Tournaments are very often won by a player who grinds out a score in challenging conditions and does just enough to gain separation from the chasing pack. Occasionally a tournament is won in peerless style as the triumphant player outclasses her closest challengers with a performance that can truly be savored.
The latter is what happened on a scorching Sunday afternoon in Singapore where Sung Hyun Park clinched her sixth career victory on the LPGA Tour by two shots at the HSBC Women’s World Championship. Four off the pace heading into the final round, Park closed with a brilliant eight-under-par 64 - the lowest score of the week by two strokes and a performance she rates among her very best.
"To be honest, I think it is in the top three rounds of my career because overall all my shots were executed just as I planned," Park told LPGA.com with a smile. "I was very satisfied with my play."
Park's experienced caddie, David Jones, concurred.
"It's definitely one of the best rounds I have seen from her," Jones told LPGA.com after Park had birdied four of the last nine holes to put the title beyond doubt. "I am trying to think ... her final-round 67 at the 2017 U.S. Women's Open, that would have been the one that was just flawless."
Park carded consecutive five-under 67s over the weekend at Trump National Golf Club in Bedminster to claim her first major title at the 2017 U.S. Women's Open, a performance that thrust her into the spotlight as a player of rare talent. Five LPGA Tour wins later, she certainly reminded golf fans how good she can be with a stellar display in firm and fast conditions on Sentosa Golf Club's New Tanjong Course.
"We made just one bogey out there in the final round, and that was because we went over the back at eight and we took on a bit of a greedy chip, and we could have baled out," said Jones. "Other than that unforced error on eight, where we just got greedy and then had three putts, everything was flawless. We didn't look like we would ever be in trouble. It was just very simple, it really was."
THE COMPLETE PACKAGE
Blessed with raw power off the tee, precise ball-striking and a short game to envy, Park is the complete package.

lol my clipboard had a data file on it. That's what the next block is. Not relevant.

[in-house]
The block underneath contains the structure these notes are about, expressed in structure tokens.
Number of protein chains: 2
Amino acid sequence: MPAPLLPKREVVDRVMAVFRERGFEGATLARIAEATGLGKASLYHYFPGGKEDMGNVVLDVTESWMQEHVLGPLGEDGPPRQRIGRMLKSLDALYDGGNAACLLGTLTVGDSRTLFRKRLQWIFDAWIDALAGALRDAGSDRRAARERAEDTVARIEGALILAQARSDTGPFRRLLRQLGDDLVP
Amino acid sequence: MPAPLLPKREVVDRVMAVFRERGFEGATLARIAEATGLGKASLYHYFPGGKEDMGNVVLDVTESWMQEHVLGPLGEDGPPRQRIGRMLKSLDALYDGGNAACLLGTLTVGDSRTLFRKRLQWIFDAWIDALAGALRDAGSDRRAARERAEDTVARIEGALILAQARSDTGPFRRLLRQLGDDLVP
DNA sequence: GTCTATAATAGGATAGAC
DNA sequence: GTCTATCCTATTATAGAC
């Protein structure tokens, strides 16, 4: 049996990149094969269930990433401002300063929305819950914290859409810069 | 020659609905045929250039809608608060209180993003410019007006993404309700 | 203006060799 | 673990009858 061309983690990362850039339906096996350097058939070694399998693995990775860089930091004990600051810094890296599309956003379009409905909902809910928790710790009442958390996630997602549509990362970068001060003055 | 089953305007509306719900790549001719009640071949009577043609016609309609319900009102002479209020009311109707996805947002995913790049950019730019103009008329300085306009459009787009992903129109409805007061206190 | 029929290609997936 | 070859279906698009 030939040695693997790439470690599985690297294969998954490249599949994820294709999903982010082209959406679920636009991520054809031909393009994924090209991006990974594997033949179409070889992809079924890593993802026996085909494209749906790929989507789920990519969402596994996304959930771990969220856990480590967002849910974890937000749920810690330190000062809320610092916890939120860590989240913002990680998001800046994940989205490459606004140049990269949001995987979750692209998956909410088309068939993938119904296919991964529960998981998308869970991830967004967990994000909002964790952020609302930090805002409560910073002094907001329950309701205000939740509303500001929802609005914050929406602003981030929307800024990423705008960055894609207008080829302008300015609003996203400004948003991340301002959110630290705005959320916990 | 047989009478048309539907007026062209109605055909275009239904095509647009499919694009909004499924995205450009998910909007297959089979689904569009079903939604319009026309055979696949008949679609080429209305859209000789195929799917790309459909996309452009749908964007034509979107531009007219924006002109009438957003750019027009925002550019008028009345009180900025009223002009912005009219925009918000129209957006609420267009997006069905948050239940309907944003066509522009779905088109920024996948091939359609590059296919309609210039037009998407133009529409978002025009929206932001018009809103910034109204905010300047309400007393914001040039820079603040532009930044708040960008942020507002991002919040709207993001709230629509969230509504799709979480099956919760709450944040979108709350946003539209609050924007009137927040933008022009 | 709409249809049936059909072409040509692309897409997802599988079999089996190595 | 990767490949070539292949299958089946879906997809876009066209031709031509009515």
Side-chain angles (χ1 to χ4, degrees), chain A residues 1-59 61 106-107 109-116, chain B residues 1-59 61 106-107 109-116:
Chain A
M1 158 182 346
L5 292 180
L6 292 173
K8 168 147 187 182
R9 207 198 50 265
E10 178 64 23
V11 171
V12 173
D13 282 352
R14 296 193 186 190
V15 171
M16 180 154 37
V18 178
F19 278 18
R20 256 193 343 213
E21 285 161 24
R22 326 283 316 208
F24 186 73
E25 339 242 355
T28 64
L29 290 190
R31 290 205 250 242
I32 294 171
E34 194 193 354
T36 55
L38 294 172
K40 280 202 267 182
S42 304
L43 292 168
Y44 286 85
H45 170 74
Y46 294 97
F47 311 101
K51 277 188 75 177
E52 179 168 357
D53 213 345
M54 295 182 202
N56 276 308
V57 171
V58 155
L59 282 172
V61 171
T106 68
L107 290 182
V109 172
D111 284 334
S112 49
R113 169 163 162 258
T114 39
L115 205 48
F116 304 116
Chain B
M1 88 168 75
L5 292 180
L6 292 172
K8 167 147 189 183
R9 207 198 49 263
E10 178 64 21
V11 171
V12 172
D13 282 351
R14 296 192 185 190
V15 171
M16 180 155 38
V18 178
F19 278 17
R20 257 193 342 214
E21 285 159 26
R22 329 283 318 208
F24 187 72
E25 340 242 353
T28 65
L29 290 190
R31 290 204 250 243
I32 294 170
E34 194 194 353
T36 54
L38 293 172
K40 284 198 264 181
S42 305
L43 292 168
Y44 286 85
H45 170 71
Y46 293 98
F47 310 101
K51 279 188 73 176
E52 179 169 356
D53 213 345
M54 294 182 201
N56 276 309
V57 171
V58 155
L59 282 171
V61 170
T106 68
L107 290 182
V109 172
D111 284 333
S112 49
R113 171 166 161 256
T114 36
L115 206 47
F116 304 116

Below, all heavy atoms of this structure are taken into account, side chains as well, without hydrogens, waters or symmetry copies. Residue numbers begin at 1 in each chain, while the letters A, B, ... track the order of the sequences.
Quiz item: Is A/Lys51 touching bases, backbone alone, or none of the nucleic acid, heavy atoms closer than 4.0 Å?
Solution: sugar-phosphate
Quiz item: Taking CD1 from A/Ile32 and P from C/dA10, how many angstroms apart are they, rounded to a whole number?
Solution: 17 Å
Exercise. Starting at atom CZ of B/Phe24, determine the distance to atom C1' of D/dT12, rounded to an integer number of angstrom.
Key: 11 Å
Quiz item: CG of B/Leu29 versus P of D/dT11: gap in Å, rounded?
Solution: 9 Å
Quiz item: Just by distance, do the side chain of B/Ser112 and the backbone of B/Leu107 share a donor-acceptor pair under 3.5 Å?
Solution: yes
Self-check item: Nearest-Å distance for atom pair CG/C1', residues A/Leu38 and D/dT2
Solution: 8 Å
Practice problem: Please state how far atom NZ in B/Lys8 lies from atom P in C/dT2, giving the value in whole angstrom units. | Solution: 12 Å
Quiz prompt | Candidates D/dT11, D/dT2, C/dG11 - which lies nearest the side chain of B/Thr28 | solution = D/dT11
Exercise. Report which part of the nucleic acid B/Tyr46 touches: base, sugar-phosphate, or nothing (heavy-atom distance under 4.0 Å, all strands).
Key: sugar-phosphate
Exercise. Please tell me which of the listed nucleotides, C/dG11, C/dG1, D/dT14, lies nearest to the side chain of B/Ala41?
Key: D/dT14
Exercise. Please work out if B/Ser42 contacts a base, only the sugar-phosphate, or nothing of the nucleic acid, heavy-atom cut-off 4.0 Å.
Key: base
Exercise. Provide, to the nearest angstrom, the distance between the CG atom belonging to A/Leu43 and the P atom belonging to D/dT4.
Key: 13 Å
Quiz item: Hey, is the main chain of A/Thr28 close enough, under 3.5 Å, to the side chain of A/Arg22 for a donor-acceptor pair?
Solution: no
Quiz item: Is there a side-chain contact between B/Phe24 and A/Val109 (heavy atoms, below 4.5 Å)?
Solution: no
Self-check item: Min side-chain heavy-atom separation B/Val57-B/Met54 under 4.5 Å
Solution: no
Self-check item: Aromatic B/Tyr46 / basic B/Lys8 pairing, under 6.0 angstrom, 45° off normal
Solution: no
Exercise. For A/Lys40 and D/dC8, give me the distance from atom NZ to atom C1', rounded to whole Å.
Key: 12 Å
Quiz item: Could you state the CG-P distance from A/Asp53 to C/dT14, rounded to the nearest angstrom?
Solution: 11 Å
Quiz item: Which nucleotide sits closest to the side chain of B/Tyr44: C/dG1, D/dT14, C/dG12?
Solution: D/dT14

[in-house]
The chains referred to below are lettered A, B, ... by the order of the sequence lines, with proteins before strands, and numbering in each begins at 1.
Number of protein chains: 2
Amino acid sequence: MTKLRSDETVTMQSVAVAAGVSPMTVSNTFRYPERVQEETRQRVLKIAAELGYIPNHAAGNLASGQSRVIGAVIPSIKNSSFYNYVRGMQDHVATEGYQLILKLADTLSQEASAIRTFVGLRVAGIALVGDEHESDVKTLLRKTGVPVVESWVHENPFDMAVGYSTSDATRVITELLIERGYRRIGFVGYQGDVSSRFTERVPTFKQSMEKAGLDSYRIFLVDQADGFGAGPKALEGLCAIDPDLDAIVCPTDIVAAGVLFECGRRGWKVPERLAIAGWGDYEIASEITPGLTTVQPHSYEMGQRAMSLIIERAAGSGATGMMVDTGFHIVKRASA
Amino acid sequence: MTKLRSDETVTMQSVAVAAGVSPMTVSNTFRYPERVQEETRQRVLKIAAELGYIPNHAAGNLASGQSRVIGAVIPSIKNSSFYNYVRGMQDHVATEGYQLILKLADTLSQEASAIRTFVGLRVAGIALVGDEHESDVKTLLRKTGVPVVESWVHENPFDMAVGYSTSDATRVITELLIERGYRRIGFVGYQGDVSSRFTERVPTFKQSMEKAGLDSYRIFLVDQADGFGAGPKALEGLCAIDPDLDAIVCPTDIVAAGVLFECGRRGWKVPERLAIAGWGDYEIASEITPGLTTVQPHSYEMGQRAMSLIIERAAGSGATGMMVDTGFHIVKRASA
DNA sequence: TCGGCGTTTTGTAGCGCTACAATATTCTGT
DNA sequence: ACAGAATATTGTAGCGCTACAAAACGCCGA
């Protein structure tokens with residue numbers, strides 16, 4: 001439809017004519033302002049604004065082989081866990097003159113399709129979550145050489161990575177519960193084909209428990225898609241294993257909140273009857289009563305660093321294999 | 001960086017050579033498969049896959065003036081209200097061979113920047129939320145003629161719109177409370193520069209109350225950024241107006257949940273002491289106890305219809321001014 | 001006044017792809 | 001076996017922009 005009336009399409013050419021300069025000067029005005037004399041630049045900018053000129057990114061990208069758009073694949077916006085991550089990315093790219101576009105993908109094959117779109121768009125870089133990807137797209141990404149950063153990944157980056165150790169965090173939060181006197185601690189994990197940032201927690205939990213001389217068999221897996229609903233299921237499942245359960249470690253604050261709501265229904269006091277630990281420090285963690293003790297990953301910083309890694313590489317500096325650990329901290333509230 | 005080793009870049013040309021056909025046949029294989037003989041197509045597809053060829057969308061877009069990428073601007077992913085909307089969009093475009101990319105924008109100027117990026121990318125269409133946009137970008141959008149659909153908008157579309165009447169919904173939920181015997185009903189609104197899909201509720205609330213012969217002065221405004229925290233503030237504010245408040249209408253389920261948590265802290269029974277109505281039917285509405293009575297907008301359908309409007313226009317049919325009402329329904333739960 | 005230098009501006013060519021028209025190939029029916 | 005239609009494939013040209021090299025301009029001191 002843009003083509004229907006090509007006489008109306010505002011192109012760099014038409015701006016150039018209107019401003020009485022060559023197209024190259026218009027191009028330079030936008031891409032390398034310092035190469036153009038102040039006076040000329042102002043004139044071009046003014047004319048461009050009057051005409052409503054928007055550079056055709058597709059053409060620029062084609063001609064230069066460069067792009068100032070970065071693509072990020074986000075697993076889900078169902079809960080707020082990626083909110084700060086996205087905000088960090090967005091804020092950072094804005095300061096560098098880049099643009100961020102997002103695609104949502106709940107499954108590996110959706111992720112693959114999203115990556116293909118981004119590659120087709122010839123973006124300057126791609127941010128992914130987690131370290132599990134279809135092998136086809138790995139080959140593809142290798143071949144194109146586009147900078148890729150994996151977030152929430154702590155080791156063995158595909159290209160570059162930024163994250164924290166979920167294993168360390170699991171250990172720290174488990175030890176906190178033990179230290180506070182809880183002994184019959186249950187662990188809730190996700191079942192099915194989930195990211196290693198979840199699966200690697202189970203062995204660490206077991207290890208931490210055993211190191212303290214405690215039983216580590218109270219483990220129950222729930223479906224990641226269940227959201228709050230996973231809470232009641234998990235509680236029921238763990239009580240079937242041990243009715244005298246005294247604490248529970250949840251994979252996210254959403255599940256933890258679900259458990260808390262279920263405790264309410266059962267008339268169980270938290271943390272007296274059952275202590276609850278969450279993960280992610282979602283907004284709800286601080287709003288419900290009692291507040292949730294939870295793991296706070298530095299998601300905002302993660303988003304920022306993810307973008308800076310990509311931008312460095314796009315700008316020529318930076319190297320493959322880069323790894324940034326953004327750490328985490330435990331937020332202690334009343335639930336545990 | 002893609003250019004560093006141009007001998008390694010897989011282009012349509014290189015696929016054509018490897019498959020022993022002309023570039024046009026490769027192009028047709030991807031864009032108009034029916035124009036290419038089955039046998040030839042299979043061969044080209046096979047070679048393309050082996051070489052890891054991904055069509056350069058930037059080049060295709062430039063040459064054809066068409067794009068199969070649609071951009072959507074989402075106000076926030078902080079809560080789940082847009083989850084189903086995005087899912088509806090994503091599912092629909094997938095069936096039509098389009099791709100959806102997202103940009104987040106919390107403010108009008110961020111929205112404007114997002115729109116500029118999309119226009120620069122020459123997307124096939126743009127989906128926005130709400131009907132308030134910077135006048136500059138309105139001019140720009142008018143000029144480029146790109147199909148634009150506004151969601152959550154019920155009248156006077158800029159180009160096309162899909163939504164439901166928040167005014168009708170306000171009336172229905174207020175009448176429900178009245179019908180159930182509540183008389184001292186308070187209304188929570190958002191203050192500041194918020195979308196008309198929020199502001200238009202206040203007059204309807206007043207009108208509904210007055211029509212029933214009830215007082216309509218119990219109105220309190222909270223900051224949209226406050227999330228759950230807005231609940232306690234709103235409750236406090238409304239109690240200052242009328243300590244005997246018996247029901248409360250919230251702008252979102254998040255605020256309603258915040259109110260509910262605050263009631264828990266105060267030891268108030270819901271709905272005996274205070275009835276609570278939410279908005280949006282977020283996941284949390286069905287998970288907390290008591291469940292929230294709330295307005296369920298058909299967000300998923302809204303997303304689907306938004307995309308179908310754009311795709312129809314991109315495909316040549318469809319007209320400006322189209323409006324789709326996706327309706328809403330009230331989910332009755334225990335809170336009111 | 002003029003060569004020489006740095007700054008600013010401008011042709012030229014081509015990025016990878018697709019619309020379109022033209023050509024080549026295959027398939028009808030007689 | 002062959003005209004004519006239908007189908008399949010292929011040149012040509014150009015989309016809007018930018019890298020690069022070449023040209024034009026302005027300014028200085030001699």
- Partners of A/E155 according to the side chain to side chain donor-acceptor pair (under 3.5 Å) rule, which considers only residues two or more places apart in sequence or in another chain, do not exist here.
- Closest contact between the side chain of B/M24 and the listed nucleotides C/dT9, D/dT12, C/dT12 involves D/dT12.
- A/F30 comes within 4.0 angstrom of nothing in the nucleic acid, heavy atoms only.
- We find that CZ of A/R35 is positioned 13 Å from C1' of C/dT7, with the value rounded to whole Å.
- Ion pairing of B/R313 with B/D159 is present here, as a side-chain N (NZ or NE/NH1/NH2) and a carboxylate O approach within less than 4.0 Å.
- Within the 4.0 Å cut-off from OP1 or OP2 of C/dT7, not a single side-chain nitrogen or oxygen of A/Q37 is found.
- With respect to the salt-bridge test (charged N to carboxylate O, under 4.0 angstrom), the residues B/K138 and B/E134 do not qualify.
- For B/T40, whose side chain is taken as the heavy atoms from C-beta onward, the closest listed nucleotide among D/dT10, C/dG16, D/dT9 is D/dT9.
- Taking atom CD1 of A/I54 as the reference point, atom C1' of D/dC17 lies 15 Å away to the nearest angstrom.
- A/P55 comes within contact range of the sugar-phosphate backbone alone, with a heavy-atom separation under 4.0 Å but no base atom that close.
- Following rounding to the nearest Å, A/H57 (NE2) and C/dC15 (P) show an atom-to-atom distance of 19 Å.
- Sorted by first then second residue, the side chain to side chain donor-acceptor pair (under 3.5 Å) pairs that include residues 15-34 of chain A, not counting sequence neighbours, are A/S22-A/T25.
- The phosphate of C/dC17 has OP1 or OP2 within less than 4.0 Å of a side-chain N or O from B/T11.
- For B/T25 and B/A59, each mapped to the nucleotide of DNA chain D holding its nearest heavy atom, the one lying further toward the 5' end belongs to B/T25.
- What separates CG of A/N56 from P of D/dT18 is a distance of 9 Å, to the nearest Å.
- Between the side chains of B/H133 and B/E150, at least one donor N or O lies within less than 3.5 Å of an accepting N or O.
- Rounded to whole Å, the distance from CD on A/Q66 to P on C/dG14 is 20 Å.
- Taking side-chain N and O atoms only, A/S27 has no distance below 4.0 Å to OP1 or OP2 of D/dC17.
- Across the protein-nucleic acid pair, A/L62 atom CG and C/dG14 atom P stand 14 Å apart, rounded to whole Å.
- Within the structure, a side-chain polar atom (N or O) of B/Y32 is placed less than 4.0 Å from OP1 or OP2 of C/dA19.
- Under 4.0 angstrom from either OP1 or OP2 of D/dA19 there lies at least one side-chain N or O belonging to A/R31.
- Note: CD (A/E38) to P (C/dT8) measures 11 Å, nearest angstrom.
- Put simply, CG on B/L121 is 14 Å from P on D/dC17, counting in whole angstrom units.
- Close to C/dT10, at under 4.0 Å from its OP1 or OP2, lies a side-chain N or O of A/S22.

"Her ball-striking is head and shoulders above lots of people. She's long and she's straight," said Jones. "If we had a driving stat right now for strokes gained off the tee, hands down we would be No. 1, both last week in Thailand and again in Singapore. She hits her irons good and high, and she's a good putter. So when you add all those things together, there's not many weaknesses in her game."
Fans watching on site at Sentosa Golf Club on Sunday would have been mainly struck by Park’s red-hot start - five birdies in the first seven holes – and then her run of four more after the turn to close the door on her closest challengers.
For Jones, there were two pivotal moments that underpinned Park’s path to the HSBC Women’s World Championship title – one occurring during Saturday’s third round and the other on Sunday.
On Saturday, Park somehow avoided a big number at the par-five eighth after her second shot ended up in tangly Wedelia grass short and left of the green. She and Jones were very fortunate to find her ball, doing so with just 10 seconds to spare, and from there she proceeded to execute a remarkable recovery shot before chipping up close to the pin and sinking the par putt.
"Her ball was actually sitting up off the ground in there, but it was really tangly in the back of it and that was my biggest concern, that the club would get stuck," said Jones. "And then my other concern was that she was going to rocket this thing out the other side so we just had to be careful where we aimed. We definitely caught a break there, getting it out of the hazard from no idea how, and then getting up and down."
The other key moment came on Sunday at the picturesque par-three fourth where Park's tee shot came agonizingly close to finding the water short and right of the green.
"The wind caught it and knocked it out of the sky quickly and we just got over that hazard by a foot," said Jones. "And then we chip it up stone dead and we take the par and go off and running. But that was the one moment on Sunday when I thought that's just the little break you might be needing coming down because we had birdied the first three holes and now we could have moved right back into the pack quickly. That could have changed things right there.”
Even the best of players needs a fortunate break here or there. Park enjoyed two slices of luck over the weekend at Sentosa before the brilliant quality of her play then propelled her to a sixth LPGA Tour win in spectacular style.